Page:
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Dissertations - Research Proposals - Theses
Literature Review ||
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The conclusion may be the most important part of the project. The writer must not merely repeat the
but explain in expert-like detail what has been learned, explained, decided, proven, etc. The writer must reveal the ways in which the paper's thesis might have significance in society.
A conclusion should strive to answer questions that readers logically raise--"Why are you telling me this? Why do you think I need to understand your main point?" The conclusion may place the paper in a larger context, serve as a call for action, set forth a warning or
intentionally complicate the issues already introduced, raise a question or questions, introduce a relevant quote, or tell an appropriate anecdote.
Again, the writer should not depend on the conclusion to sum up the body paragraphs. Paragraphs should flow naturally into one another and connections should be made among them. Summary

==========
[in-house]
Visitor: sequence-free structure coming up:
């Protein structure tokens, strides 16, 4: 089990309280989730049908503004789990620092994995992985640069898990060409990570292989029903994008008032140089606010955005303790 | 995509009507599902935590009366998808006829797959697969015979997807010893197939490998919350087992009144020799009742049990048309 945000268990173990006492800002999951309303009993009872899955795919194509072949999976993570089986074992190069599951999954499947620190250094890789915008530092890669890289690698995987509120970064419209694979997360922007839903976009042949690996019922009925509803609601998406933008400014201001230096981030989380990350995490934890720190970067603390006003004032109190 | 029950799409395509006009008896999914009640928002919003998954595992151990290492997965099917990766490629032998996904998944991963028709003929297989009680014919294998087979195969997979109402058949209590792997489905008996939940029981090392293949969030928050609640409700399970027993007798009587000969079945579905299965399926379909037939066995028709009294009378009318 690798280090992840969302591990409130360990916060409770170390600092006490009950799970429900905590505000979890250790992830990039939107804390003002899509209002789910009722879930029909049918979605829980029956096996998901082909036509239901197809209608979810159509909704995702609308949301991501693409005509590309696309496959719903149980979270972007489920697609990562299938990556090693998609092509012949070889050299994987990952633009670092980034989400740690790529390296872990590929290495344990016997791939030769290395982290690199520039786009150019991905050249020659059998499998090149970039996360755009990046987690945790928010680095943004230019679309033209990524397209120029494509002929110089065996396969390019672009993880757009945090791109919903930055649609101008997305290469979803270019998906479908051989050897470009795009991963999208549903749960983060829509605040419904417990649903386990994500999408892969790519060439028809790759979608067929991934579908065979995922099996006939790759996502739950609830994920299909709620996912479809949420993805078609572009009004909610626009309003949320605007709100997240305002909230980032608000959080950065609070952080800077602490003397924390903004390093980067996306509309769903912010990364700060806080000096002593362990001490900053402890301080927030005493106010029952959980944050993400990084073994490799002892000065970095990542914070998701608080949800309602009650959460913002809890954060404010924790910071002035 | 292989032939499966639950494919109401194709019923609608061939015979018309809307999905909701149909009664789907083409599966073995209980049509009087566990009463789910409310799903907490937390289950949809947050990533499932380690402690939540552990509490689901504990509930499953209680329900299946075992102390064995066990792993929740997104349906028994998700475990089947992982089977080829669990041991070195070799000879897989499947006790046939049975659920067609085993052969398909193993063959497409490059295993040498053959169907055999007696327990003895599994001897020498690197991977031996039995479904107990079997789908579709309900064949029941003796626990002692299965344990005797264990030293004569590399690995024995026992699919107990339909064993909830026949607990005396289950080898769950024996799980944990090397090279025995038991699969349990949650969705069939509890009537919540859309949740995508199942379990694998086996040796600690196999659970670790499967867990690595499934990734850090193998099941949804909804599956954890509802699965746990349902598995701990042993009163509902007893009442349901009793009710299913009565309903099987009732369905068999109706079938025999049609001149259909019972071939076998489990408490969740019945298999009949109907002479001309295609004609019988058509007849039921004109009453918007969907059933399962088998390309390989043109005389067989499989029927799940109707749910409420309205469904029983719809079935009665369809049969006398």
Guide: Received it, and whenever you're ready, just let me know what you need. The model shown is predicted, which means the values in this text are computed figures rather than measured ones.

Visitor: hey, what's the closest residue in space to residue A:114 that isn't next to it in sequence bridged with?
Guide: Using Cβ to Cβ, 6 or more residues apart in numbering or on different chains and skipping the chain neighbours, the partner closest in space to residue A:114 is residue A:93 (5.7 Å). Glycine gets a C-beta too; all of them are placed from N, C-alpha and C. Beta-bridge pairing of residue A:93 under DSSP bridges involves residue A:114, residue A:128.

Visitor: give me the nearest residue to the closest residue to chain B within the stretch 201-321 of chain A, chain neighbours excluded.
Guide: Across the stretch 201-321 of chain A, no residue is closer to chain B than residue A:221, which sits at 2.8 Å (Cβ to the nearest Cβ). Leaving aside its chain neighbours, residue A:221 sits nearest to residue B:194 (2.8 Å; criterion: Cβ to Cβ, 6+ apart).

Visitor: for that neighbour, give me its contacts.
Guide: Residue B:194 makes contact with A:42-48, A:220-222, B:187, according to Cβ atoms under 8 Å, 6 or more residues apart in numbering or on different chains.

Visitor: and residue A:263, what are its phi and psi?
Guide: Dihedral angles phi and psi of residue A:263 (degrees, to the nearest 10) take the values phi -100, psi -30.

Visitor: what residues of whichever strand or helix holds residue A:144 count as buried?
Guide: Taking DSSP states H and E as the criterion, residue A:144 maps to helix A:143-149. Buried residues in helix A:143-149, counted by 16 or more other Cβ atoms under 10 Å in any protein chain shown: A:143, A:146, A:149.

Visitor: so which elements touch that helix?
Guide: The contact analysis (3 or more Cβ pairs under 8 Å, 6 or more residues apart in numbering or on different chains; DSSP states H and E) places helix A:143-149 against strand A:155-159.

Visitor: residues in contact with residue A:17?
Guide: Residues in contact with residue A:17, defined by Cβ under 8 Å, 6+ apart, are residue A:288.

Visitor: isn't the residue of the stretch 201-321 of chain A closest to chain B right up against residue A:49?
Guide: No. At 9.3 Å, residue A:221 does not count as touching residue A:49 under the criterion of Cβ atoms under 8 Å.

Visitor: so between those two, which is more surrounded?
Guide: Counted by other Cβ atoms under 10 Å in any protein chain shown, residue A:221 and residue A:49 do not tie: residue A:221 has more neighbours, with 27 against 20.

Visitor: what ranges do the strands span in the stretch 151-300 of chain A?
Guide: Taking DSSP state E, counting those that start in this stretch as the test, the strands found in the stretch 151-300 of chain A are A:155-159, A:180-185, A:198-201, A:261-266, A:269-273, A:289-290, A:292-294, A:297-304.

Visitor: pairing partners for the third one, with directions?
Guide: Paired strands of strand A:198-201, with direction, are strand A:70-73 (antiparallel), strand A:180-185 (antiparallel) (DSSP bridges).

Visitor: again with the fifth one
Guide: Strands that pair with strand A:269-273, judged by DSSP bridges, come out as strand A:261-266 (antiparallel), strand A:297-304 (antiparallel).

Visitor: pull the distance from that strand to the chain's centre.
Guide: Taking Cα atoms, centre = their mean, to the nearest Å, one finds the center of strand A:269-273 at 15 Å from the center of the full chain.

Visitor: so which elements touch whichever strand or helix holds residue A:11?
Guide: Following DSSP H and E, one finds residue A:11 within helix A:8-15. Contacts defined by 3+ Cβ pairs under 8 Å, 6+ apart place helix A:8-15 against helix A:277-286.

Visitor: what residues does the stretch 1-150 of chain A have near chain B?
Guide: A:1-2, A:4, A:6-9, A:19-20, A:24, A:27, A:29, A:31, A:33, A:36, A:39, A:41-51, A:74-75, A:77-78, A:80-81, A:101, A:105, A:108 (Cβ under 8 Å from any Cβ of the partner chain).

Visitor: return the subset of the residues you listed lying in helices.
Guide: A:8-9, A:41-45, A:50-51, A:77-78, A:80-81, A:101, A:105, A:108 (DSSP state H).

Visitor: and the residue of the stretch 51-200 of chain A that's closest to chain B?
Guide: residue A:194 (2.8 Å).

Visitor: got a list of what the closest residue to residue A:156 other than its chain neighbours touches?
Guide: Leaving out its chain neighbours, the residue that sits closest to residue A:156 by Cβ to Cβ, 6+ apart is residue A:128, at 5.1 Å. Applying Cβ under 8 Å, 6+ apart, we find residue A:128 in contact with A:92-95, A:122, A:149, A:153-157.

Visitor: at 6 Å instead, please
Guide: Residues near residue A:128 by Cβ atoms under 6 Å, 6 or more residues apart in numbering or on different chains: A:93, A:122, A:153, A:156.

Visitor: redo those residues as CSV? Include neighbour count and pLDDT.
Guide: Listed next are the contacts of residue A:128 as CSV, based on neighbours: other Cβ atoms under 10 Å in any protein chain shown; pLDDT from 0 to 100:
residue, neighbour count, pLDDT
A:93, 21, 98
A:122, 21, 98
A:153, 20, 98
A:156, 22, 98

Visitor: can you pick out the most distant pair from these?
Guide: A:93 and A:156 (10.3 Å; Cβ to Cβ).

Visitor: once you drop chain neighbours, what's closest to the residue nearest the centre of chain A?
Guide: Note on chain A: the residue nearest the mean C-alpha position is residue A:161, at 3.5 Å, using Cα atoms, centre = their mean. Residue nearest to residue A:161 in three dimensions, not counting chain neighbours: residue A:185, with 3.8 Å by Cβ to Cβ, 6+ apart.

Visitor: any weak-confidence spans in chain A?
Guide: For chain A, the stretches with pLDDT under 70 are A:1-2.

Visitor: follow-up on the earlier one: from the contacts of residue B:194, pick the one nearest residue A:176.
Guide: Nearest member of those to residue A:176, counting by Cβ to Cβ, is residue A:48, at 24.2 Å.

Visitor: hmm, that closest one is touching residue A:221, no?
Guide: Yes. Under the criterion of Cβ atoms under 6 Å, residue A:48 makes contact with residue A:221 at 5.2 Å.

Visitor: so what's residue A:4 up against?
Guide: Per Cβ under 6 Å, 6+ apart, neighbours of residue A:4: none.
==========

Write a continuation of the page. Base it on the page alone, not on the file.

can be an important function of a conclusion, but this part must be brief; readers know what they've just read. The writer should point out the importance or implications of the research on an area of societal concern. The writer could also mention the lack of conclusion in the field. This demonstrates understanding of the subject's complexity. The writer may choose to propose what may be the natural next step to take in light of what the argument is attempting to convince. The conclusion should not end with a quotation or statement that could very well be the subject of another paper. The former deflects attention away from one as writer and thinker; the latter deflects attention from what one is conveying in the paper.